Texas authorities were negotiating with a man holding hostages, including a rabbi and possibly others, at a Dallas-Fort Worth synagogue on Saturday afternoon.
The man is seeking the release of a federal prisoner who was convicted in 2010 of attempted murder in a terrorism-related case, officials said.
The Colleyville Police Department tweeted Saturday afternoon he was conducting SWAT operations at Congregation Beth Israel.
At least four hostages are believed to be inside the synagogue, according to two law enforcement officials who were not authorized to discuss the ongoing investigation and who spoke to The Associated Press under cover of anonymity.
Police were first called to the synagogue around 11 a.m. and people were evacuated from the surrounding neighborhood soon after, Chaumont said.
No injuries were reported, Chaumont said.
Three senior law enforcement officials briefed on the situation said the man was holding a rabbi, and potentially others, hostage. The man told authorities he wanted Aafia Siddiqui released from federal prison.
Siddiqui, 49, was convicted by a federal jury in 2010 of attempting to kill US officers in Afghanistan and is currently being held at FMC Carswell, a federal prison in Fort Worth, Texas.
Law enforcement officials in Texas are trying to determine if the person holding the rabbi and potentially other hostages is in fact linked to Siddiqui.
FBI Dallas spokeswoman Katie Chaumont said an FBI SWAT team was also on the scene and crisis negotiators contacted someone inside the synagogue. But she couldn’t say if the person was armed, and she declined to describe what the person said to authorities, citing operational sensitivity.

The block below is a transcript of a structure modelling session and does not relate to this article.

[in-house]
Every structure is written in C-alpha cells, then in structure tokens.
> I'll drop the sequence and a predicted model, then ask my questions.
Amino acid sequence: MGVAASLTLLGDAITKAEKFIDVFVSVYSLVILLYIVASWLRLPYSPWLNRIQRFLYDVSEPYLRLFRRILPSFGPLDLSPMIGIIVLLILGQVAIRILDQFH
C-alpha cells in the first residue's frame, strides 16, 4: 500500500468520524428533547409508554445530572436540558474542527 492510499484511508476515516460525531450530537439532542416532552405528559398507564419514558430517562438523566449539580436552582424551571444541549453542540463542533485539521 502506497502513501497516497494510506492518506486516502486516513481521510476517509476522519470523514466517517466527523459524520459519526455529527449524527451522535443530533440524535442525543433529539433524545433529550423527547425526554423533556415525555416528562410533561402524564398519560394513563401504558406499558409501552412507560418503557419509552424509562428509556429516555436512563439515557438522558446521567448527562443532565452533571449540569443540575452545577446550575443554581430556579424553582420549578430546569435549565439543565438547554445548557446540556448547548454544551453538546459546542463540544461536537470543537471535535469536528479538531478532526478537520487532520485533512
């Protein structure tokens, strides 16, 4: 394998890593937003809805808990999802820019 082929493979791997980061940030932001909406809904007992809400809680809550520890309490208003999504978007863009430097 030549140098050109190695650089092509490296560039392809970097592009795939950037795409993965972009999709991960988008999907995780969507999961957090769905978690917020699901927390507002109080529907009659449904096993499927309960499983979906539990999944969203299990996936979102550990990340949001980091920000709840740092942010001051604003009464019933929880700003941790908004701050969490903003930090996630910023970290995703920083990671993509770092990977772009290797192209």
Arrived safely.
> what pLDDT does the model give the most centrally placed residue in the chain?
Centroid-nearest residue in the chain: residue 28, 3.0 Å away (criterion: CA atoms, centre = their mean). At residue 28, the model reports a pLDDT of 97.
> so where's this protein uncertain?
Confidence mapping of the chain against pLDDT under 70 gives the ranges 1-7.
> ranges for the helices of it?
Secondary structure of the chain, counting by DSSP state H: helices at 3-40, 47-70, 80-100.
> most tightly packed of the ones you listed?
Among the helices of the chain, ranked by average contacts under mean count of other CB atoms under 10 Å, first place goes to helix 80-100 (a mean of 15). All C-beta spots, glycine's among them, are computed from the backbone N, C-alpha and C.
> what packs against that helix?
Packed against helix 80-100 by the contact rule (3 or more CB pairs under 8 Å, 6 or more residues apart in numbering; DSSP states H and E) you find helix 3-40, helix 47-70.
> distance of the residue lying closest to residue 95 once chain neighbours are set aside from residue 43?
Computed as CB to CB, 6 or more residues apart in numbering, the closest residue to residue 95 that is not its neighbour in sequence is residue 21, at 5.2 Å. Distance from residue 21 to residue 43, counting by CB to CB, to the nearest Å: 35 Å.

“It’s an evolving situation, and we have a lot of law enforcement personnel on the scene,” Chaumont said.
Law enforcement closed access to the roads surrounding the synagogue on Saturday afternoon.
Services were streamed live on the synagogue’s Facebook page for some time. The Fort Worth Star-Telegram reported that an angry man could be heard ranting and talking about religion at times during the live broadcast, which did not show what was going on inside the synagogue.
Shortly before 2 p.m., the man said, “You have to do something. I don’t want to see this guy dead. Moments later, the power was cut off.
The man, who used profanity, repeatedly mentioned his sister, Islam, and that he thought he was going to die, the Star-Telegram reported.
Colleyville, a community of about 26,000 people, is about 23 kilometers northeast of Fort Worth.
Jen Psaki, White House Press Secretary tweeted By Saturday evening, President Joe Biden had been briefed and was receiving updates from senior officials.
Governor Greg Abbott tweeted that the situation was “tense” but that state law enforcement was “working with local and federal teams to achieve the best and safest outcome.”
Israeli Prime Minister Naftali Bennett said he was monitoring the situation closely. “We pray for the safety of hostages and rescuers,” he wrote on Twitter.
Israel’s consul general in Houston is en route to the scene of the incident, Foreign Minister Yair Lapid said in a statement, adding that Israeli officials “are in close contact with U.S. law enforcement. “.
The Council on American-Islamic Relations, the nation’s largest Muslim advocacy group, condemned the attack on Saturday.
“This latest anti-Semitic attack on a place of worship is an unacceptable evil act,” CAIR Deputy National Director Edward Ahmed Mitchell said in a statement. “We stand in solidarity with the Jewish community and pray that law enforcement will be able to quickly and safely release the hostages. No cause can justify or excuse this crime.
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